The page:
Curious, well-connected and always the first to the scene in Cairo: That is how colleagues describe the Egyptian journalist, Ahmed Abu Deraa. For his reports on human trafficking on the Sinai Peninsula, the 38-year-old was honored with the prestigious Samir Kassir Prize for Journalism last year.
"Ahmed Abu Deraa always wants every bit of news confirmed at the source. He had many ways of getting at information, especially because he comes from a Bedouin family," said Mohammed Abu Adham, a long-time colleague of Deraa.
For the Egyptian army, however, Abu Deraa is a criminal. He allegedly filmed military installations and intentionally spread erroneous news, the army claims.
Abu Deraa recently reported that the armed forces struck a mosque and apartment buildings in an attack on jihadist positions in Sinai. For this claim he now must answer before a military court in Cairo. The trial began on Saturday (28.09.2013) and is slated to continue this week. If found guilty, Abu Deraa could face many years in prison.
Double jeopardy for journalists
The case against Abu Deraa has made big waves in Egypt because it affects two key points in the fight for more democracy: press freedom and military trials against civilians. Both issues were central demands of the Egyptian uprising against former president, Hosni Mubarak. However, no crucial breakthrough has been achieved in the fight for either in the two and a half years since the uprising.
The brief Arab Spring of press freedom in Egypt that emerged with the ouster of Mubarak withered soon after Islamist president, Mohammed Morsi, took office in the summer of 2012. Ever since the military returned to power state media once again has been forced to toe the line.
The situation is particularly awkward for correspondents reporting from Sinai, where violent clashes between security forces and jihadists have been ongoing since the fall of Morsi.
"Journalists, who work here, work with a muzzle," says Abdel Kader Mubarak, head of the North Sinai Journalists Association. He stresses the lack of security for journalists in Sinai. "We live with the threat of being arrested by security forces and the threat of being killed by armed jihadists," Kader Mubarak said.
Controversial emergency law
In the view of Egyptian generals, however, the 'muzzle' Mubarak is referring to is not fastened snuggly enough, apparently leading Army spokesman Ahmed Ali on Saturday to announce additional restrictions for the media.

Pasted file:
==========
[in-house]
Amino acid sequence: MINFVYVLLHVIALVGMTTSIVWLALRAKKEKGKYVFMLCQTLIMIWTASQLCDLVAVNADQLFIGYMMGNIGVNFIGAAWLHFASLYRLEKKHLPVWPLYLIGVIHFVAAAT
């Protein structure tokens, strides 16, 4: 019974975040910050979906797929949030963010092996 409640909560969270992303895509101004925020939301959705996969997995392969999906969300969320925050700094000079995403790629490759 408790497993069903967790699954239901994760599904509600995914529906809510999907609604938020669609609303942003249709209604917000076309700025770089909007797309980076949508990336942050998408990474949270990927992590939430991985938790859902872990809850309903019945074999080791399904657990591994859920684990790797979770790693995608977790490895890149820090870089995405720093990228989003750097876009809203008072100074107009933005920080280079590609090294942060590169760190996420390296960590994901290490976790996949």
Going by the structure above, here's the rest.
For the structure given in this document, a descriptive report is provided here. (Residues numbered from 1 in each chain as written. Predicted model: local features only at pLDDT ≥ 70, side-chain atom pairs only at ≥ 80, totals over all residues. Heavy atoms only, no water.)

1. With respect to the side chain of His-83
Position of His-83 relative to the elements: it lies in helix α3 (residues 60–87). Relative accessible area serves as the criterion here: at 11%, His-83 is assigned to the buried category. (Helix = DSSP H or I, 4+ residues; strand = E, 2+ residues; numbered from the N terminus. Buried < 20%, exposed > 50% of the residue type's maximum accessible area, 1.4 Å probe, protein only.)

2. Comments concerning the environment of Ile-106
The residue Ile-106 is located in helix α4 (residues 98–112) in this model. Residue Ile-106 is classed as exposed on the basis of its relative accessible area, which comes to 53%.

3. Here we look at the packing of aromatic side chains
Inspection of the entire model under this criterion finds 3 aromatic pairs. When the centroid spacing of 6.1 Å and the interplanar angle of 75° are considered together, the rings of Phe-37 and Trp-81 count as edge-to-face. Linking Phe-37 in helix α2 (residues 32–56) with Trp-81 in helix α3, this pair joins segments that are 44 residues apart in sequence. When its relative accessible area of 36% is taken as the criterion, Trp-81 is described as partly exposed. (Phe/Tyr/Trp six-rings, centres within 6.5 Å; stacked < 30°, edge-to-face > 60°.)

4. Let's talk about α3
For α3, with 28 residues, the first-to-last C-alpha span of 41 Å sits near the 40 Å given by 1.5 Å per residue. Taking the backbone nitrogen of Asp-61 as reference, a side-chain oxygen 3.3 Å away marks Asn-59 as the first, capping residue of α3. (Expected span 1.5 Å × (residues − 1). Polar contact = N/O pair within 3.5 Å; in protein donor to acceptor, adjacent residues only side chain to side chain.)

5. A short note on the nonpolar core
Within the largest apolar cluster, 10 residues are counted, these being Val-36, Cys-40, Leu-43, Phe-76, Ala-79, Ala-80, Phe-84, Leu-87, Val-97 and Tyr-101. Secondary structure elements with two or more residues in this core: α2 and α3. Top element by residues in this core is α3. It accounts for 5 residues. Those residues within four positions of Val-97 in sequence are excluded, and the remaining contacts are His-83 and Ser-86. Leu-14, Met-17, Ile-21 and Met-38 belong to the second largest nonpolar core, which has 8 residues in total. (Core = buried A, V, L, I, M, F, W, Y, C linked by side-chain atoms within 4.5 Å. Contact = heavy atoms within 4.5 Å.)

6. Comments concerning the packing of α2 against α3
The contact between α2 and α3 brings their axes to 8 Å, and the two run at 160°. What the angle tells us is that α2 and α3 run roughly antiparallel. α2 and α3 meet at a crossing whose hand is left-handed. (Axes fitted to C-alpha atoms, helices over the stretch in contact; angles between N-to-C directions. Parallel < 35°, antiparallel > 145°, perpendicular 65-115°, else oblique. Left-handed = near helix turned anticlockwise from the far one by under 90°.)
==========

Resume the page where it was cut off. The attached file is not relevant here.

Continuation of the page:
Now, any news involving the military must first be cleared with the armed forces before it is published. National security required responsibility from all sides, the military said. For journalists in Sinai the announcement does not bode well.
"Before I leave the house I tell my wife in no uncertain terms that I may not return; maybe because I have been arrested by security forces, or because I have been hit by terrorist bullets," says Abu Adham.
The emergency laws reactivated after the fall of Morsi have made the work of the media more difficult. The laws give the army a free hand to arrest critics of any color and bring them before a military court.
The transitional government has said that it plans to end military trials against civilians once and for all. Foreign Minister Nabil Fahmy reiterated his government's intention at the UN General Assembly in New York last week.
Human rights activists in Egypt, meanwhile, hope to seize this opportunity. "This is the only possible time we can raise the issue," explained Hafez Abu Saeda, chairman of the Egyptian Human Rights Organization. "If we let this opportunity pass that would mean the situation would not change. We would then continue to see civilians in military courts," he said. Abu Saeda admits, however, that it will be a hard struggle with the military; not least because the army is riding an unprecedented wave of popularity.
In a first draft of the country's new constitution, military trials are mentioned. Article 174 states, however, that they will only be used for crimes that represent a "direct attack against the military."